Archives and History


Archdiocesan Archives conserves church documents in an accessible manner and provides an information service on matters relating to the church.

Archival material is currently unavailable due to the re-housing of the archives. If the matter is urgent please contact the Property Team on

History of the Archdiocese

In June 1848, Pope Pius IX decreed that New Zealand should be divided into two dioceses, Auckland, consisting of the Auckland province and Wellington, consisting of the rest of New Zealand. Bishop Philip Viard was appointed as Wellington’s first bishop and arrived on the barque “Clara” on 1 May 1850. With him was a band of five Marist priests, 10 lay brothers, two male teachers, three Māori and four young women eager to join a religious order and to teach. Thus the Diocese of Wellington came into existence.

But before this, the Catholic faith had been sustained through the efforts of Dr John Fitzgerald who arrived in Wellington on 31 January 1840. He led the Sunday prayers and organised Christian Doctrine classes. He was followed by the first resident priest, the Capuchin, Fr Jeremiah O’Reily in January 1843, and within a year the first, small Catholic church was built and dedicated to the Nativity. Meanwhile the Auckland-based French Marists travelled extensively throughout the country and Fr J.B.Comte SM established a permanent mission at Otaki in 1844.

On his arrival, Viard bought land in Thorndon on which a bishop’s residence and St Mary’s Convent were built and the cathedral foundation stone was laid. With the arrival of three new Marist priests in 1859, Viard was able to send pastors to New Plymouth, Christchurch, and later to Dunedin. Following the discovery of gold in the late 1850s and 1860s, expansion of the church was rapid on the West Coast, and in Dunedin which became a separate diocese in 1869. The Irish priests followed the thousands of Irish miners and their families to the diggings and the Sisters of Our Lady of the Missions also arrived to establish convents and schools in Napier, Christchurch and Nelson.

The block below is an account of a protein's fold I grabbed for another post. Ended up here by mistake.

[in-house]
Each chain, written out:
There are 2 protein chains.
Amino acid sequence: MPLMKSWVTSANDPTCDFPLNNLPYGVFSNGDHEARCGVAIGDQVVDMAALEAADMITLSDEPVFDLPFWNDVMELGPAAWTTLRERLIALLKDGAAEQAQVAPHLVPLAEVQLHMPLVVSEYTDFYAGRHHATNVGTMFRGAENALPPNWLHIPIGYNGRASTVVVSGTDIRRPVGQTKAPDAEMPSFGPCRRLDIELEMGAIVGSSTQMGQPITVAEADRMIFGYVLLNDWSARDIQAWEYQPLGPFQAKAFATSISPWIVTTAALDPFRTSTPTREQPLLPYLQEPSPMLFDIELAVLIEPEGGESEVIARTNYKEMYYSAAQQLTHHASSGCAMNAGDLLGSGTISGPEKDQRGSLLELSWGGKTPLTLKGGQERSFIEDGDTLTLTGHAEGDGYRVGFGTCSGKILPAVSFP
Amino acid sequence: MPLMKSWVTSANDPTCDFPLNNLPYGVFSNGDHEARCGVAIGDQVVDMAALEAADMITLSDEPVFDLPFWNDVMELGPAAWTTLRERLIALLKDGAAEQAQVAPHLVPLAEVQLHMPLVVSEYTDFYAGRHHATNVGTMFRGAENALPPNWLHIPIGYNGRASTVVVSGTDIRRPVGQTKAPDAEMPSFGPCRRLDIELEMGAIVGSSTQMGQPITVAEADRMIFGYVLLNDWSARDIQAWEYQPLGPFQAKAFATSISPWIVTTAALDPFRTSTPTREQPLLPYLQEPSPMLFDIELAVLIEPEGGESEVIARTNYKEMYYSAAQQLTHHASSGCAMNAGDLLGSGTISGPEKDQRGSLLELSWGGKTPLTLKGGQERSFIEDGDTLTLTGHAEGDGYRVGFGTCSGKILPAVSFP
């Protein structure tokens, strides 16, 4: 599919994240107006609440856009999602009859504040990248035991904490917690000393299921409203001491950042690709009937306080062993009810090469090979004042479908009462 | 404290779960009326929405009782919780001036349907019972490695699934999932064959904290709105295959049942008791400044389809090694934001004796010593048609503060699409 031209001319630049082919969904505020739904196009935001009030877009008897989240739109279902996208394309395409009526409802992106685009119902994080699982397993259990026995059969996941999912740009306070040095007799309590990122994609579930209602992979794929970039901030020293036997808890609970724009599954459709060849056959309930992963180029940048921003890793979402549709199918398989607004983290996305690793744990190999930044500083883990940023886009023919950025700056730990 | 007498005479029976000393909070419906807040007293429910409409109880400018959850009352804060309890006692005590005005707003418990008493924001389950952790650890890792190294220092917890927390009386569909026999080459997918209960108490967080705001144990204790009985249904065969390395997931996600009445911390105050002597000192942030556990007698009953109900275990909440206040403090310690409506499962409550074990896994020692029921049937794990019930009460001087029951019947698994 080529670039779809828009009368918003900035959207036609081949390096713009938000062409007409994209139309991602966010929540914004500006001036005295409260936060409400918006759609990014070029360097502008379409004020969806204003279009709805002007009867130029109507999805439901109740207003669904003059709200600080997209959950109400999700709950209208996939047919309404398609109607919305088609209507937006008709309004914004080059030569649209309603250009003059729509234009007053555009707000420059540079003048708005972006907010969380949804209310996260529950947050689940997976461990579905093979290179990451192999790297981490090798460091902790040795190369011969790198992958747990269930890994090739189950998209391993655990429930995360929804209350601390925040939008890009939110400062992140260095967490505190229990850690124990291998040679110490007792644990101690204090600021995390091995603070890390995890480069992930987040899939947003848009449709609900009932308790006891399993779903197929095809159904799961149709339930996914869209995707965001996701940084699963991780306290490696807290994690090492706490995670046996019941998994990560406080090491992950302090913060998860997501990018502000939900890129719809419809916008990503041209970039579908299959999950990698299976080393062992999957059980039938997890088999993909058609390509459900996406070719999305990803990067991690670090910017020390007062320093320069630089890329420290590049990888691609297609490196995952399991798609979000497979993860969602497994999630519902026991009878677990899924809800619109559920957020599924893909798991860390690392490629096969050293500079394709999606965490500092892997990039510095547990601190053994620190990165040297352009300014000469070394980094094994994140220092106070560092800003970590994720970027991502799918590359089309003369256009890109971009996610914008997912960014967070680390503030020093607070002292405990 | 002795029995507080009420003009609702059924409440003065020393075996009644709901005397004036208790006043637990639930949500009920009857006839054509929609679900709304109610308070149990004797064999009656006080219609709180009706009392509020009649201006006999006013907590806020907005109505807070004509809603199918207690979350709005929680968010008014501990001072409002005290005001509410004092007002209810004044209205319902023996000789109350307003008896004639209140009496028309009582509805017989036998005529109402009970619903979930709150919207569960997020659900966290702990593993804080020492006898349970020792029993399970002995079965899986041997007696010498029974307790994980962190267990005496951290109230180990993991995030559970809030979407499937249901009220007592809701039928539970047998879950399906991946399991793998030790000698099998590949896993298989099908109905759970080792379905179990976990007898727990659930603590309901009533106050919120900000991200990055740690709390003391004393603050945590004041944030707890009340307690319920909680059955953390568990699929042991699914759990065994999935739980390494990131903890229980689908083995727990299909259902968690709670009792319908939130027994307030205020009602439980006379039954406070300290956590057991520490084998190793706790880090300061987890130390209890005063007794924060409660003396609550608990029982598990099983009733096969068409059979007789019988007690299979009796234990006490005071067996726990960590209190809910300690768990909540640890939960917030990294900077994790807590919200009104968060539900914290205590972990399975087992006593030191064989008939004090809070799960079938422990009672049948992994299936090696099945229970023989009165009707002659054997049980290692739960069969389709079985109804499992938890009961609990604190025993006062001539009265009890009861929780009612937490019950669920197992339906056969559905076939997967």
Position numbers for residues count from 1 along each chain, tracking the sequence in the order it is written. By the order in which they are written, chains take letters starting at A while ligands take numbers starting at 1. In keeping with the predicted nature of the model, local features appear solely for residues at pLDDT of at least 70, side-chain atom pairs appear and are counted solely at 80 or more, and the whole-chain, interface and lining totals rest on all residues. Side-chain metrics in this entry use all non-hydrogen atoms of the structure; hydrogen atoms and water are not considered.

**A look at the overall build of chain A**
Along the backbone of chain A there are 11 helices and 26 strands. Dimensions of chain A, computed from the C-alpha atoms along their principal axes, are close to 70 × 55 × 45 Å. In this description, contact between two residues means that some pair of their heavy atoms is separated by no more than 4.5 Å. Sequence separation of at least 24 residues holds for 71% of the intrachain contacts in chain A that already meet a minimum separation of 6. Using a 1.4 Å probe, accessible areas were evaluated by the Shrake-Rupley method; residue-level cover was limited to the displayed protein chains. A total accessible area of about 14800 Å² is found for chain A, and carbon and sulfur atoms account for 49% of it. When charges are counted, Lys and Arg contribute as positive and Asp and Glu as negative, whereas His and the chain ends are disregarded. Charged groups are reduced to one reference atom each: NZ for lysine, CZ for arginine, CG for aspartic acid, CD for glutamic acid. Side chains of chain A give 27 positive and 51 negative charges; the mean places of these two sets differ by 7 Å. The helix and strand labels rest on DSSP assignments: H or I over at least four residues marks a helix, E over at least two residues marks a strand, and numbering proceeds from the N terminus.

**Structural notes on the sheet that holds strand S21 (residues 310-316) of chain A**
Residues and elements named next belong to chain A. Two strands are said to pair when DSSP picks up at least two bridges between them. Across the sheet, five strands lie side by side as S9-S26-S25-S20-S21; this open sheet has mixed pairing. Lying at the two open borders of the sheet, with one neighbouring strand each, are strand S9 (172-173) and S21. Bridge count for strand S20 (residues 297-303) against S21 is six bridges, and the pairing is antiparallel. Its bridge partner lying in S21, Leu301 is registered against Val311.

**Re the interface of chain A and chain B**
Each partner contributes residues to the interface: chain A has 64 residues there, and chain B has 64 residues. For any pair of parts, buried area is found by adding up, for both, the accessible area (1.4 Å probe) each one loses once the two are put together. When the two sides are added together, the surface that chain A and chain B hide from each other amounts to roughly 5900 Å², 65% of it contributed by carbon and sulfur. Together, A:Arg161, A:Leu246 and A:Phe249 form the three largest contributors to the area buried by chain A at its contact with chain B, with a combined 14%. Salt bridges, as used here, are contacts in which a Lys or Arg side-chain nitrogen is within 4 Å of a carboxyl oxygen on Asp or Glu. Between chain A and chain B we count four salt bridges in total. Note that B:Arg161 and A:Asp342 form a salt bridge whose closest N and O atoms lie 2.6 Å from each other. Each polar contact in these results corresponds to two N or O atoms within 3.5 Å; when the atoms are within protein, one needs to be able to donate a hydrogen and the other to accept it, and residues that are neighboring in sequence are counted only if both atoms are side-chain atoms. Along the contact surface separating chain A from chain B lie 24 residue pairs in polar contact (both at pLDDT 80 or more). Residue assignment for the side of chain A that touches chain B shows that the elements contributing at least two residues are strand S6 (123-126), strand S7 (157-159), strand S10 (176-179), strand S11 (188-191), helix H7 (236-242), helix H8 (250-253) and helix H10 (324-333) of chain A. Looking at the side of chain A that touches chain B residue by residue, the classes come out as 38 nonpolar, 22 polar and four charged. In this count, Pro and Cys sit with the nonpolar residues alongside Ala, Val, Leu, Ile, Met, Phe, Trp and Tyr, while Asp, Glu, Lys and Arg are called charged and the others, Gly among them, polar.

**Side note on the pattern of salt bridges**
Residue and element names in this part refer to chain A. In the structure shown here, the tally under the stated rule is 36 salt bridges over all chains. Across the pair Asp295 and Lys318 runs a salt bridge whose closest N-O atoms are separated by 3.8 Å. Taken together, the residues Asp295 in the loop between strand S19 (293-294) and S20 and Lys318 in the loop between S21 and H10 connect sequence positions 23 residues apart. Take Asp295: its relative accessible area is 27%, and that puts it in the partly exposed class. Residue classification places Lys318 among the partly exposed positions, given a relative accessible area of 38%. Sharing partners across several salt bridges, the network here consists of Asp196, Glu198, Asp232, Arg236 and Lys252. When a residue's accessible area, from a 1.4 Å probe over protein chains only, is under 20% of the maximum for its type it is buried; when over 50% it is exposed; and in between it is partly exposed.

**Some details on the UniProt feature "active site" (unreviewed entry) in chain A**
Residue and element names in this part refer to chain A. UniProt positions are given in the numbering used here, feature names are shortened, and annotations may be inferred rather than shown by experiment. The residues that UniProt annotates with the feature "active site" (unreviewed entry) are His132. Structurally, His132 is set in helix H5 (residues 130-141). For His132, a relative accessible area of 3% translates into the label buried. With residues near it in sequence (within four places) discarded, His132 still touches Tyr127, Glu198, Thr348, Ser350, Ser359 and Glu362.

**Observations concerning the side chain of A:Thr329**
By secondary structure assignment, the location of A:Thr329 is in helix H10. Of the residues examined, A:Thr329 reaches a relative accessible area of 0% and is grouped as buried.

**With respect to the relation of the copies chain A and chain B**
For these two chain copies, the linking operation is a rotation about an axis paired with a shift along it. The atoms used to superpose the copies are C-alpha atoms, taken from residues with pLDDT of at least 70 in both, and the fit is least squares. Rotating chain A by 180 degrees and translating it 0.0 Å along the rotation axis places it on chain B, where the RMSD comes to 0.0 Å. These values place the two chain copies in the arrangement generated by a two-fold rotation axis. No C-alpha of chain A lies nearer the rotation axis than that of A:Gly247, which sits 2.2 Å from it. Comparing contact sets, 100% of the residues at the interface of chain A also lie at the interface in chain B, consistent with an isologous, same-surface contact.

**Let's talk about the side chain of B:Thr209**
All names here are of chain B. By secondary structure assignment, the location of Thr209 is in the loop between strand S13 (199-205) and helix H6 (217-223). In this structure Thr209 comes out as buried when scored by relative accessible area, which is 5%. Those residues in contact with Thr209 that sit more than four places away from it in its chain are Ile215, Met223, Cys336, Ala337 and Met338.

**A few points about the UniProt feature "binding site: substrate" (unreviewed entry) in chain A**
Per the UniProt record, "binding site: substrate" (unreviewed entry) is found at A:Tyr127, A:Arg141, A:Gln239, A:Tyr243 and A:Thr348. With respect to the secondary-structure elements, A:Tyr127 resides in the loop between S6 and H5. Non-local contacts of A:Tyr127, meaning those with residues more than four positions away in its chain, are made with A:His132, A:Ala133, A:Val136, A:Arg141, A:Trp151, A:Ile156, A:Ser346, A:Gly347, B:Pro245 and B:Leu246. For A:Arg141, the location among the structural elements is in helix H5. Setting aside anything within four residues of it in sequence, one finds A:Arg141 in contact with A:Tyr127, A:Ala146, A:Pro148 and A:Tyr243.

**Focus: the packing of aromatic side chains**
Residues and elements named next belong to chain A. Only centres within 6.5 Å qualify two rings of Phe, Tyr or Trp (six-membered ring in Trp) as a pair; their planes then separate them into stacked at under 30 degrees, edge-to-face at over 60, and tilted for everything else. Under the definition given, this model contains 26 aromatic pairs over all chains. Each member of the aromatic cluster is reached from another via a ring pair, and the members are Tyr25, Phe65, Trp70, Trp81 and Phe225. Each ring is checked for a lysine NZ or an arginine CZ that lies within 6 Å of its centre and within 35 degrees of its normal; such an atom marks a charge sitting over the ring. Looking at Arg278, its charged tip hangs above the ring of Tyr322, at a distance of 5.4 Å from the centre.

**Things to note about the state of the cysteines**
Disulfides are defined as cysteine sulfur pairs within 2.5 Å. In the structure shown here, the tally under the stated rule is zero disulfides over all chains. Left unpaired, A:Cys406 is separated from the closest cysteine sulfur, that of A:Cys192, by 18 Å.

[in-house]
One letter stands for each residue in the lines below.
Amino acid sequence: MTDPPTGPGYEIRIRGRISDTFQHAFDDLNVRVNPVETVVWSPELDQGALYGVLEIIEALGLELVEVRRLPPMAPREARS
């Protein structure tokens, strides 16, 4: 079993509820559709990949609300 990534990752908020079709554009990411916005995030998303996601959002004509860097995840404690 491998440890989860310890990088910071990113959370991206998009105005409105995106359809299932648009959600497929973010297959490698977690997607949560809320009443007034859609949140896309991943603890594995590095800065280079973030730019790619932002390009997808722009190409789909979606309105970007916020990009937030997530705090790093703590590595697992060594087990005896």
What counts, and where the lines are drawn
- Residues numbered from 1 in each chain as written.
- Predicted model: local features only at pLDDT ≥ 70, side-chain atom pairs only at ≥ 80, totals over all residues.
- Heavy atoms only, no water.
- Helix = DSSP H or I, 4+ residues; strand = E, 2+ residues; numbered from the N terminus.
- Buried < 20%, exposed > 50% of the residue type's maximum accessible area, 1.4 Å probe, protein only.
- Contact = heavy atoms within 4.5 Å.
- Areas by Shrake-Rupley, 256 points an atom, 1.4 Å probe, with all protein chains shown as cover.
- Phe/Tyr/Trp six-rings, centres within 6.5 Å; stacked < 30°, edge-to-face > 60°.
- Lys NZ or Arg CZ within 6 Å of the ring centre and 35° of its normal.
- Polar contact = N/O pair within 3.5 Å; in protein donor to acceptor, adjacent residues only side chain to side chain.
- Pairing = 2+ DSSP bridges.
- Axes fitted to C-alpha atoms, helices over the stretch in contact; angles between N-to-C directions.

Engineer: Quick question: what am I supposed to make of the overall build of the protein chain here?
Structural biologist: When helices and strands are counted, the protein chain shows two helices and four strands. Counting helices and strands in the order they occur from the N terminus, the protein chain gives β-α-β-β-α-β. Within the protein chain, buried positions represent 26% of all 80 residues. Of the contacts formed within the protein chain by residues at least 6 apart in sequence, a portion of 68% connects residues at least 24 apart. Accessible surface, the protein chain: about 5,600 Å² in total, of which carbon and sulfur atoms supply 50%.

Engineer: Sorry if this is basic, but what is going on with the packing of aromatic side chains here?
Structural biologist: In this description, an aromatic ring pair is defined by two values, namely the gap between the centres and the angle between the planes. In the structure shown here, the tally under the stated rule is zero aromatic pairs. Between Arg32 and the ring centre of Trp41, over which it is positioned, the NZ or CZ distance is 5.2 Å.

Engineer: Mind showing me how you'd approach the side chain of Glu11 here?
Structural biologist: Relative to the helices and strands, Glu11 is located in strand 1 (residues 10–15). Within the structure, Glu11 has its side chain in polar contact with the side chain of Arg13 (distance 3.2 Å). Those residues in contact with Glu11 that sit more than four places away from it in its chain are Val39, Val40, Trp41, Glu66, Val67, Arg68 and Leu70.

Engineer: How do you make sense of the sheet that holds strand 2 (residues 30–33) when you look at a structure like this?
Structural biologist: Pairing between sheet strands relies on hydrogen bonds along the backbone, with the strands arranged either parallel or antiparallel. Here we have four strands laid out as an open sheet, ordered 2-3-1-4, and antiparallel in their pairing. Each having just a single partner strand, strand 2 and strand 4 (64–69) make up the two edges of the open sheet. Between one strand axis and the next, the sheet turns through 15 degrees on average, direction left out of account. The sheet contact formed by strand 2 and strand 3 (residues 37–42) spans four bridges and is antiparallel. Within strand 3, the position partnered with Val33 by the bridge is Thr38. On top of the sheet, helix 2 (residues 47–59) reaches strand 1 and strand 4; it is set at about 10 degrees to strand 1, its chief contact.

Bishop Viard died on 2 June 1872 and was succeeded by Rev Francis Redwood SM who was to remain bishop for 61 years. The diocese was raised to an archdiocese on 10 May 1887 and Christchurch became a separate diocese. Rev Thomas O’Shea SM became his coadjutor bishop in 1913 and remained so for 22 years. With Redwood’s death in 1935, O’Shea took full control of the archdiocese for the next 12 years until failing faculties forced his replacement. Rev Peter McKeefry was appointed archbishop in 1947 and succeeded O’Shea in 1954. During his 28 years, the Catholic population more than doubled from approximately 75,000 to over 150,000 and this resulted in 39 new parishes being established . To help meet the needs, numerous religious congregations were sought.

McKeefry died in 1973 as the challenges of the Second Vatican Council were beginning to be felt. Archbishop Reginald Delargey began the implementation process but died within five years, to be succeeded by Archbishop Thomas Williams, raised to a cardinal in 1983. He retired in March 2005, and Archbishop John Dew was installed on 7 April 2005.

The latest synod took place on the weekend of Pentecost, 2-4 June 2006. Synod 06 followed two previous synods in 1988 and 1998. Drawing on the theme of ‘salt and light’ (Mt 5), the synod called together some 350 representatives of all parishes and archdiocesan agencies to a series of workshops focusing on six themes chosen after 18 months of discussion and one-on-one interviews with parishioners. They are: liturgy, prayer and spirituality; education and life-long growth in faith; a welcoming community; the young church; ministry and local leadership and social justice – our responsibility. Following the synod, parishes have been encouraged to build on the themes and adopt them as their own by working through the synod booklet in discussion workshops.

In January 2014 the people of the archdiocese heard that their Archbishop, John Dew, was to be made a Cardinal by Pope Francis.

The Archbishop of Wellington is responsible for the pastoral care of the 83,214 (2006 census) Catholics living in the Archdiocese.

The Archdiocese comprises 22 parishes spanning the central New Zealand area from a line between Levin and Masterton in the north to the southern boundary from Kaikoura to Westport.